The Right Time for Estate Planning
- Posted in: Estate Planning
As estate planning attorneys, we are often asked, “When should I do my estate plan?” The answer is: “Anyone who is over the age of 18.”
Estate planning is critical to everyday living for adults over the age of 18, and should be one of the priorities regardless of your age or marital status. If you have not yet planned your estate, we encourage you to do so right away. It’s important to prepare for the unexpected. Remember that ole saying, “tomorrow is not promised?” If you think about it, what would happen to your children, your home, and all you have worked for in the event of your unexpected death or disability if you don’t have an estate plan in place? Let’s go over the basic estate planning that everyone should consider.
–A Will to establish what would happen to your assets. It also names the guardian for your children. Dying without a will is called dying “intestate,” and gives you no voice. It can be costly to your heirs and can bring with it issues such as family dissension and probate court intervention. Even if you have a trust, you still need to take care of any holdings outside of that trust when you die.
–A Durable Financial Power of Attorney to handle your financial affairs in case of incapacity.
-A Healthcare Directive to specify the measures that can or cannot be taken to sustain life, and to make medical decisions for you in the event you are unable to do so.
Depending on your individual circumstances, here are some additional areas of estate planning you might wish to consider:
-A Revocable Living Trust. If you hold property in a well crafted living trust, your survivors won’t have to go through the probate proceedings, which can be a very lengthy, stressful, and expensive process.
-Planning For The inheritance of Your Children. It is always wise to name an adult to manage any money and property your minor children may inherit from you.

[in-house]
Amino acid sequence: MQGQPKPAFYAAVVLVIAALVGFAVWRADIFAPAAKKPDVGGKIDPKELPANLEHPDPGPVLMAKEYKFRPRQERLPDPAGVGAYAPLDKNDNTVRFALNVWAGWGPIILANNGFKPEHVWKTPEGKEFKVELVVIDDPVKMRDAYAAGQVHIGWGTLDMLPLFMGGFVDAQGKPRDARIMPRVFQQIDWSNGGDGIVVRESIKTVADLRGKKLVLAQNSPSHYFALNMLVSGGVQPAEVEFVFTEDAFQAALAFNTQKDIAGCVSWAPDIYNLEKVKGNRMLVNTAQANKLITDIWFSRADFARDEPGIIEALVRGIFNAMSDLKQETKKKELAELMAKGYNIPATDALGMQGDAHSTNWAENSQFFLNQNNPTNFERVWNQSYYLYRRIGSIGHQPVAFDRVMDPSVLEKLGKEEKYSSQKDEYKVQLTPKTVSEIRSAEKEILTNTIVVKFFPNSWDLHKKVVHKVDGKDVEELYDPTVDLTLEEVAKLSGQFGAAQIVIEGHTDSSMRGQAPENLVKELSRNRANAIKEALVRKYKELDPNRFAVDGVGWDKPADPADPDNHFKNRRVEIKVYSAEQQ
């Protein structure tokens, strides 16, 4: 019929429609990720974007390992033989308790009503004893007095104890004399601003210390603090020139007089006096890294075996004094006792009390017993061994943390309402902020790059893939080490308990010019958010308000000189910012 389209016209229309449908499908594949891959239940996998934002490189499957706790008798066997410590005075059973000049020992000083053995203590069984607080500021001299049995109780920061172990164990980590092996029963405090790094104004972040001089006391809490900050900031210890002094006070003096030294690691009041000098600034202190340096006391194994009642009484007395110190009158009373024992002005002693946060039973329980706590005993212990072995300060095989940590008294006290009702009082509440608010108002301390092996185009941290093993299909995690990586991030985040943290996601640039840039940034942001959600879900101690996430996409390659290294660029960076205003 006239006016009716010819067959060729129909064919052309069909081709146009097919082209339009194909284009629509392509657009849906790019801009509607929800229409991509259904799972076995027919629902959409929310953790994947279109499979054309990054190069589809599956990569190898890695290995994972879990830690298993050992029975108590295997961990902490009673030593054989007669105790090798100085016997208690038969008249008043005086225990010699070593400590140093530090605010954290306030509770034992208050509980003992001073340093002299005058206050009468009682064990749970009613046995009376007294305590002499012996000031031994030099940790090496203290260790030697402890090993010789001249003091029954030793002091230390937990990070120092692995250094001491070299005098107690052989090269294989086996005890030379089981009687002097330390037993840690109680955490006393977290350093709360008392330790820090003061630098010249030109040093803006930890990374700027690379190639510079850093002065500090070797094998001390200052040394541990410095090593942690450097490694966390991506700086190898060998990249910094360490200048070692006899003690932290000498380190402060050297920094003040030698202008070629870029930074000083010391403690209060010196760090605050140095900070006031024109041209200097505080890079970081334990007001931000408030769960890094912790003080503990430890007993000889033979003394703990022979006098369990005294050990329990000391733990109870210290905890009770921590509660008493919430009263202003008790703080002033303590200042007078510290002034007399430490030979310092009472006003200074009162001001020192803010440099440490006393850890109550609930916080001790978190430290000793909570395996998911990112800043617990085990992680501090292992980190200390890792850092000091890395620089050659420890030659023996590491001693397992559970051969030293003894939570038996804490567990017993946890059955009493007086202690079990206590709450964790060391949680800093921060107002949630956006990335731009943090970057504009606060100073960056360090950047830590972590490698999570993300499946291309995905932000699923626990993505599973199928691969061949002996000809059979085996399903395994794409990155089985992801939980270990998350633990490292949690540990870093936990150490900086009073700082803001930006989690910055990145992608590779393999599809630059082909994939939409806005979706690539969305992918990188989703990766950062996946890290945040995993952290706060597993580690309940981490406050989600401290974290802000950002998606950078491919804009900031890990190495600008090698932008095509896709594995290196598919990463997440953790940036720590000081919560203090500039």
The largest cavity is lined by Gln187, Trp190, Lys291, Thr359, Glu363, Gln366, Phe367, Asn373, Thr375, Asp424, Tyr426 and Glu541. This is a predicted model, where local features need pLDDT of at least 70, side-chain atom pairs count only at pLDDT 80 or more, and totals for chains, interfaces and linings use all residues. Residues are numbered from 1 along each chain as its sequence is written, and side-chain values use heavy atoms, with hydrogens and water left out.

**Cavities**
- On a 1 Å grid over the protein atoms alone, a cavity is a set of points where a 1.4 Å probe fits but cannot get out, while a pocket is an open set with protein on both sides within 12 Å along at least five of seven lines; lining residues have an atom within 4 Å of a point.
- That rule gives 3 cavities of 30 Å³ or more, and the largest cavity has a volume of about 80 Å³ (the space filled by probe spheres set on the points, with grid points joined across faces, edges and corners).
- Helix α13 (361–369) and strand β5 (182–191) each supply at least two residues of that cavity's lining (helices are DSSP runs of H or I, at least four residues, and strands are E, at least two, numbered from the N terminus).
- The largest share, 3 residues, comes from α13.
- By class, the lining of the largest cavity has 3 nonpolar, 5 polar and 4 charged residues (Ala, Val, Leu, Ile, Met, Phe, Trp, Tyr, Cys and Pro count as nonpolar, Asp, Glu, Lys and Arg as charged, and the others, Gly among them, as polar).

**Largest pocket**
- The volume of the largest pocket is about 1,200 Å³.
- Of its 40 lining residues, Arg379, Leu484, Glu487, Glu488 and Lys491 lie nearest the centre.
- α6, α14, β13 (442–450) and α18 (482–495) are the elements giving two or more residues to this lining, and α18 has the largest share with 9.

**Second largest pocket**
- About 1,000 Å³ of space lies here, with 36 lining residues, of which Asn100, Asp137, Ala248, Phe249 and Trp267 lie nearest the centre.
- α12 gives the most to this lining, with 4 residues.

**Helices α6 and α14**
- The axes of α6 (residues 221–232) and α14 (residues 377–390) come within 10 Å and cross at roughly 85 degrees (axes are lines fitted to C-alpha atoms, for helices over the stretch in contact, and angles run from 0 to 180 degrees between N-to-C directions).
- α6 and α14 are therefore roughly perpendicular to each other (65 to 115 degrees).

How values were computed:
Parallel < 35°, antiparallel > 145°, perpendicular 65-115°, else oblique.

-File Beneficiary Forms. Appointing a beneficiary for all bank and retirement accounts make those accounts automatically payable at death to your beneficiary, thus bypassing the probate process.
-Secure life Insurance. If you have children, own a house or have substantial debt or estate tax, life insurance may be a great choice. For example, in addition to helping to support the minor children, life insurance can help provide immediate cash at death. Insurance proceeds are also a good source for paying your debts, funeral expenses and income or estate taxes.
-Understand Estate Taxes. Due to the increase in the amount of exemption amount, most estates will not owe federal estate taxes, because this tax is only imposed on persons whose taxable estate is worth more than 5.25 million (for 2013). For deaths occurring in the year 2012, the exempt amount is 5.12 million. Married couples can transfer up to two times the exempt amount tax-free. Also, property left to a spouse (must be U.S. citizen) or tax exempt charity is not subject to the estate tax.
-Cover Funeral Expenses. An account can be established at your bank where funds can be deposited to pay for funeral expenses.
-Business Protection. If you are a sole proprietor, setting up a successor plan is crucial. If you are in a business partnership, you should consider creating
If you don’t have an estate plan, or have an existing estate plan that needs to be reviewed and updated, please contact our office and we would welcome the opportunity to assist you.